Ending the conflict is the only sure way to prevent further harm to civilians, say TV panelists in Herat

24 Mar 2019

Ending the conflict is the only sure way to prevent further harm to civilians, say TV panelists in Herat

HERAT -  Ending the conflict is the only sure way to protect civilians from harm said participants at UN-backed TV programmes in the western province of Herat.

In a series of televised discussions, panelists from civil society, women organizations, human rights and community leaders discussed the toll of the conflict on communities and families, particularly women and children.

“The only real way to end civilian casualties is to end the conflict,” said panelist Sayed Ashraf Saddat, a civil society activist. He was speaking in reaction to the disturbingly high number of civilian casualties recorded in the UN’s latest annual report regarding the impact on conflict on civilians, that documents more than 32,000 civilians killed and around 60,000 injured in a decade. “It is civilians who are paying the price for this ongoing fight in Afghanistan,” observed Saddat.

Another panelist, Fatima Farahi commented: “When there is war, there are civilian casualties, particularly women and children.” She called for an end to the war as the only means to stop civilian casualties.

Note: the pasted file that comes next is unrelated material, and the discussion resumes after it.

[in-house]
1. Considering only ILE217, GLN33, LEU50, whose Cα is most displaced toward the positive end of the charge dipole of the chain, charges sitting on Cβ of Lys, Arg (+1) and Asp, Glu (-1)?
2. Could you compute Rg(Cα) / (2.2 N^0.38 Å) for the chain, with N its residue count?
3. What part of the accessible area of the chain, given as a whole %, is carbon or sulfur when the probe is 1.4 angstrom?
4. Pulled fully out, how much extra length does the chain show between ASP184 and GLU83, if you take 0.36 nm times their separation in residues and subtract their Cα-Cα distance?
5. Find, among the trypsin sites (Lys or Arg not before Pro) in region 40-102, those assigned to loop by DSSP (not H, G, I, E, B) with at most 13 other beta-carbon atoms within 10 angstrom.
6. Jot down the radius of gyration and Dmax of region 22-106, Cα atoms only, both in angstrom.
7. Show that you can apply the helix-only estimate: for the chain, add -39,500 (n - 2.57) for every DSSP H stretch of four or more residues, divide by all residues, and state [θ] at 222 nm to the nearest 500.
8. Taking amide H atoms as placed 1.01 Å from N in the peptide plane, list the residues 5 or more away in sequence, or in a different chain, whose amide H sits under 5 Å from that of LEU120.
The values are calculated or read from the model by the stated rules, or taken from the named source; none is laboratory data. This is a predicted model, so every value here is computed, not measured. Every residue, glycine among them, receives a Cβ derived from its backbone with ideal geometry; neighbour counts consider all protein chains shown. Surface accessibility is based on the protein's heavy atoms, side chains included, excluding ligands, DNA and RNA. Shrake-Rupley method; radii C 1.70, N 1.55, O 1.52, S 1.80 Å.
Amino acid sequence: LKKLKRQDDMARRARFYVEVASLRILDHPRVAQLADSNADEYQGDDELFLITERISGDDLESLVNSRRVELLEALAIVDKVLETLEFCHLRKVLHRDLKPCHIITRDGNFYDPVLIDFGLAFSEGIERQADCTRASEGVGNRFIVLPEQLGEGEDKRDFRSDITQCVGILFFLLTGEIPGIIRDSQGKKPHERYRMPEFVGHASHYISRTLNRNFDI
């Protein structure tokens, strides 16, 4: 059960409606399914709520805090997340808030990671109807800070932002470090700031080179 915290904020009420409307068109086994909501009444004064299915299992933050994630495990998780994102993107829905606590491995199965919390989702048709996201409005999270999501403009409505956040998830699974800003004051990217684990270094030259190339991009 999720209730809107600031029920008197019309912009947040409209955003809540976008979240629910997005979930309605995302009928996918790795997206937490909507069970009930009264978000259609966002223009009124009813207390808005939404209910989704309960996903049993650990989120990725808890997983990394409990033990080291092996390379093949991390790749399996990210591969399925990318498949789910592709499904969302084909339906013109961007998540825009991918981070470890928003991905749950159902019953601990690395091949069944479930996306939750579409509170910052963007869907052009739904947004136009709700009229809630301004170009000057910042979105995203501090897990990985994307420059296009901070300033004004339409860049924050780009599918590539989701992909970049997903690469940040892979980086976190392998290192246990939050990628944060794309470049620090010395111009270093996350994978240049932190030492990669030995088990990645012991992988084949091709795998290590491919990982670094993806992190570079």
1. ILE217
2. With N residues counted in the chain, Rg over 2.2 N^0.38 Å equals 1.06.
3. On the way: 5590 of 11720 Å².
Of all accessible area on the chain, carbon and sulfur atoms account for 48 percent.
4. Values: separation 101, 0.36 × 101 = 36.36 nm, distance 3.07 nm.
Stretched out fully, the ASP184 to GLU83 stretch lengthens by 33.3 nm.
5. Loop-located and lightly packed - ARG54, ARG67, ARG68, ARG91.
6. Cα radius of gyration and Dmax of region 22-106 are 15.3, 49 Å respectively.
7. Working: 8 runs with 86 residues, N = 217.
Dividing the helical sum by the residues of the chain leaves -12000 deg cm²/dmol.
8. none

In its recently published report, UNAMA documented a total of 10,993 civilian casualties - 3,804 deaths and 7,189 injured – during 2018. More civilians were killed in the Afghan conflict in 2018 than at any time since records have been kept according to the latest 2018 Protection of Civilians Report. Among the dead were 927 children, the highest recorded number of boys and girls killed in the conflict during a single year.

The Western province of Herat, much like other provinces has seen worrying increases in civilian casualties. Tens of thousands, particularly women and children, have been displaced, cannot access health services, education or engage in employment. These factors exacerbate their marginalization and push them deeper into poverty.

In making their recommendations, panelists echoed the UN report in calling for dialogue between warring parties, as well as adherence to international and humanitarian laws on the protection of civilians.

Organized by UNAMA regional office in Herat, the TV programmes were aired by media partners and reached an audience of around one million people in Herat and the surrounding districts as part of a countrywide outreach programme aimed at creating platforms – using radio, television and social media – where Afghans can engage in dialogue and discuss critical issues affecting their communities.

UNAMA supports the Afghan people and government to achieve peace and stability. Under  its mandate as a political mission, UNAMA backs conflict prevention and resolution, promoting inclusion and social cohesion, as well as strengthening regional cooperation. The Mission supports effective governance, promoting national ownership and accountable institutions that are built on respect for human rights.